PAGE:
YouTube announced today via a tweet that it is beginning to test a new design that hides the dislike count of videos from the public. It claims that the new design is in response to feedback about creator well-being and targeted dislike campaigns.
The like and dislike buttons have been integral to the viewing experience on YouTube for years, but dislike campaigns to express public dissent have become more prevalent in recent years. Many of these dislike campaigns target marketing videos, like the trailer for Nintendo Switch Online, but they also frequently target smaller channels or individual influencers, raising concerns over how those campaigns can impact the mental health and well-being of content creators.
In an effort to dissuade communities from launching dislike campaigns, YouTube is testing out hiding dislike numbers from the public to avoid feeding into those campaigns. YouTube is no stranger to controversies, and it seems to be trying to help creators deal with the internet masses should they find themselves in one. The tweet clarifies that creators will still be able to see exact numbers for a video’s likes and dislikes in YouTube studio, and states that the community can still leave likes and dislikes on a video to give generalized feedback to creators. The tweet also includes an example of how the test layout will look for the small group of creators participating in the test, which can be seen below.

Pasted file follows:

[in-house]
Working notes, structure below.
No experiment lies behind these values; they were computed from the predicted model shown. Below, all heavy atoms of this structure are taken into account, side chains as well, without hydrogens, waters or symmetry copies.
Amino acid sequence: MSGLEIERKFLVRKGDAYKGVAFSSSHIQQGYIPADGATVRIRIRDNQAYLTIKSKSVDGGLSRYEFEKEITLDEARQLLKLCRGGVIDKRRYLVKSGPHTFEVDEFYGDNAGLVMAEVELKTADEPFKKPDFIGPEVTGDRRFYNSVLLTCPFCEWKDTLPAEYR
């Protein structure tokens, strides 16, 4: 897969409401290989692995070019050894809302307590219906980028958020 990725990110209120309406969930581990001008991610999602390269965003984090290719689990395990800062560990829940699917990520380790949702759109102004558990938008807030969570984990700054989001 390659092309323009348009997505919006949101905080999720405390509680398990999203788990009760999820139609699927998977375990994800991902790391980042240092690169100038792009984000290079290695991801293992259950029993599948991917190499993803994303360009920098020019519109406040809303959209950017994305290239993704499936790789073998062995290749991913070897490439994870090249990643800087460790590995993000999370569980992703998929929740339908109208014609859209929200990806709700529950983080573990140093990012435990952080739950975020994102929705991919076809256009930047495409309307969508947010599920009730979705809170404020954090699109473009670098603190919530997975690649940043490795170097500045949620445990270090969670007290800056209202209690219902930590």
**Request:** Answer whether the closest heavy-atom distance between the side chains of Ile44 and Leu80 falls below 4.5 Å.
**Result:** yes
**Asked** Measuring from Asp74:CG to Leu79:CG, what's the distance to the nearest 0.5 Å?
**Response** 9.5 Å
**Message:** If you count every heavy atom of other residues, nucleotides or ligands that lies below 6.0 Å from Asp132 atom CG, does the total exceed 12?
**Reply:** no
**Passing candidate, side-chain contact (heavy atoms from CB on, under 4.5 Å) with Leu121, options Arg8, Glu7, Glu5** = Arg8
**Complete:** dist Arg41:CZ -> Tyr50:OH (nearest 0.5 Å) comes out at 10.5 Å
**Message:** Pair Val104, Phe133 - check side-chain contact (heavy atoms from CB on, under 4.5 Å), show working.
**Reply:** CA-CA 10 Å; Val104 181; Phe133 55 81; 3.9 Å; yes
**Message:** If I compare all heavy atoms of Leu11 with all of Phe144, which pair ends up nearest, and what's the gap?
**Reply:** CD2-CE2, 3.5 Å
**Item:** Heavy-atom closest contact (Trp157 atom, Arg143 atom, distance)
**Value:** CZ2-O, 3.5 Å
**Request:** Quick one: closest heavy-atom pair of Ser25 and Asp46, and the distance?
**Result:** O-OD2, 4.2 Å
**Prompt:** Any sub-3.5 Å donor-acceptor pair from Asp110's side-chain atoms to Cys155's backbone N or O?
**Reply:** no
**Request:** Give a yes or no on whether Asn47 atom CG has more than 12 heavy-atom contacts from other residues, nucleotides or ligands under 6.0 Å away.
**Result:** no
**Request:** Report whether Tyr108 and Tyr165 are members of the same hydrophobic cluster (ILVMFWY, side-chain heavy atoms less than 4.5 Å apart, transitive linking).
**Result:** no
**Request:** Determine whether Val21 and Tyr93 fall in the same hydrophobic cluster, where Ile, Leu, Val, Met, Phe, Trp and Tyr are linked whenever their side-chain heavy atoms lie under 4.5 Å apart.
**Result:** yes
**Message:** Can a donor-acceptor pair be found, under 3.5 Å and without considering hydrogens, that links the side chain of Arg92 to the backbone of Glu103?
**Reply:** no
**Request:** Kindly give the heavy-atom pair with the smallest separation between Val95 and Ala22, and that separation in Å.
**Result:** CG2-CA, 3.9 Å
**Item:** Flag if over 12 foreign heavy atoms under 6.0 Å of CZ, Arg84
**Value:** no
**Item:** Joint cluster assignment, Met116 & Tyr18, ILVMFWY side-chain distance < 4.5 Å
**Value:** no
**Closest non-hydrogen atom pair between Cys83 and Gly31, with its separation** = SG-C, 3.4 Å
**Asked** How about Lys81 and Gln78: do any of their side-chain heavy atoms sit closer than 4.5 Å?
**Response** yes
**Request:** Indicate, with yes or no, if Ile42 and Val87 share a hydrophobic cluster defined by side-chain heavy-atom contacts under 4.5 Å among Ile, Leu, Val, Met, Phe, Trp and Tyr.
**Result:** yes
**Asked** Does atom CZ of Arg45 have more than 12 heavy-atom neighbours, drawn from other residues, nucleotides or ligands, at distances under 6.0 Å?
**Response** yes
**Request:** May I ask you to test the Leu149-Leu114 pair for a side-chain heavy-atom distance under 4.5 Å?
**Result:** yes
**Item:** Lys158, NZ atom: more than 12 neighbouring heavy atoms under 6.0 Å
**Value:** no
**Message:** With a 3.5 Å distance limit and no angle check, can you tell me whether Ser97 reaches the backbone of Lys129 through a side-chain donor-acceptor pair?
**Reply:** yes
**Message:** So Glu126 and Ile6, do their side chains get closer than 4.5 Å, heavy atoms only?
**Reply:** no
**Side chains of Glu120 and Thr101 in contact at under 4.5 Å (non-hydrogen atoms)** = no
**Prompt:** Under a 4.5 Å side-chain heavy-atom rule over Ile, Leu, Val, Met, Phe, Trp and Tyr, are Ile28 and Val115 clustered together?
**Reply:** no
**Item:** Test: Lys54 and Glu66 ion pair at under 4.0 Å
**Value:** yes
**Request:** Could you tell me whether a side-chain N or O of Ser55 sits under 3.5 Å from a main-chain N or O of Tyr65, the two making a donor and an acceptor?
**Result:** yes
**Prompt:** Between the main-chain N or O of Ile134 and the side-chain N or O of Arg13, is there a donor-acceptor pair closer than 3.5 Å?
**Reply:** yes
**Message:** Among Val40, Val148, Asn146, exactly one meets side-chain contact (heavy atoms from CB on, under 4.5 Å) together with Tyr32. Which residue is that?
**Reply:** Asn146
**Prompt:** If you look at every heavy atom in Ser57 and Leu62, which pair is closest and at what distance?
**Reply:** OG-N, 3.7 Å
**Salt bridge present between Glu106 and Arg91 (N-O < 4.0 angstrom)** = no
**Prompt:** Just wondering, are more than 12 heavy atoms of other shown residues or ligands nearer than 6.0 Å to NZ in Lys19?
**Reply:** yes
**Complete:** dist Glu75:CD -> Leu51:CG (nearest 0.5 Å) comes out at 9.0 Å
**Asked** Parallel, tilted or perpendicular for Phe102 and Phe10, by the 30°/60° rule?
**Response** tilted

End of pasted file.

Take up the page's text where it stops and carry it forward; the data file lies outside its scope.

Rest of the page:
The community reaction to the announcement has been mostly negative. Many complaints are being raised in the replies to the tweet, with YouTubers and community members alike voicing their opinions on the change. Many claim that removing the public-facing dislike count will allow bad or harmful content to reach a wider audience on the platform since viewers will not see all of the dislikes the video has received and know to avoid it.
Others say that removing it makes the site feel less social, as they will not be able to see what the general consensus is of a video or piece of content, while still others are saying that it will simply encourage the campaigns to target the comment section instead. The controversial new feature also comes amongst many content creators calling for changes in YouTube streaming to make it more competitive with Twitch.
The discussion surrounding dislikes on YouTube is a complicated one, but it seems clear that YouTube’s current plan is not satisfying many creators. YouTube looking to make changes to help creators maintain their well-being and mental health is a good start, but it may have to keep looking to find the perfect solution that helps dissuade toxicity on the site without removing features that community members like who act in good faith.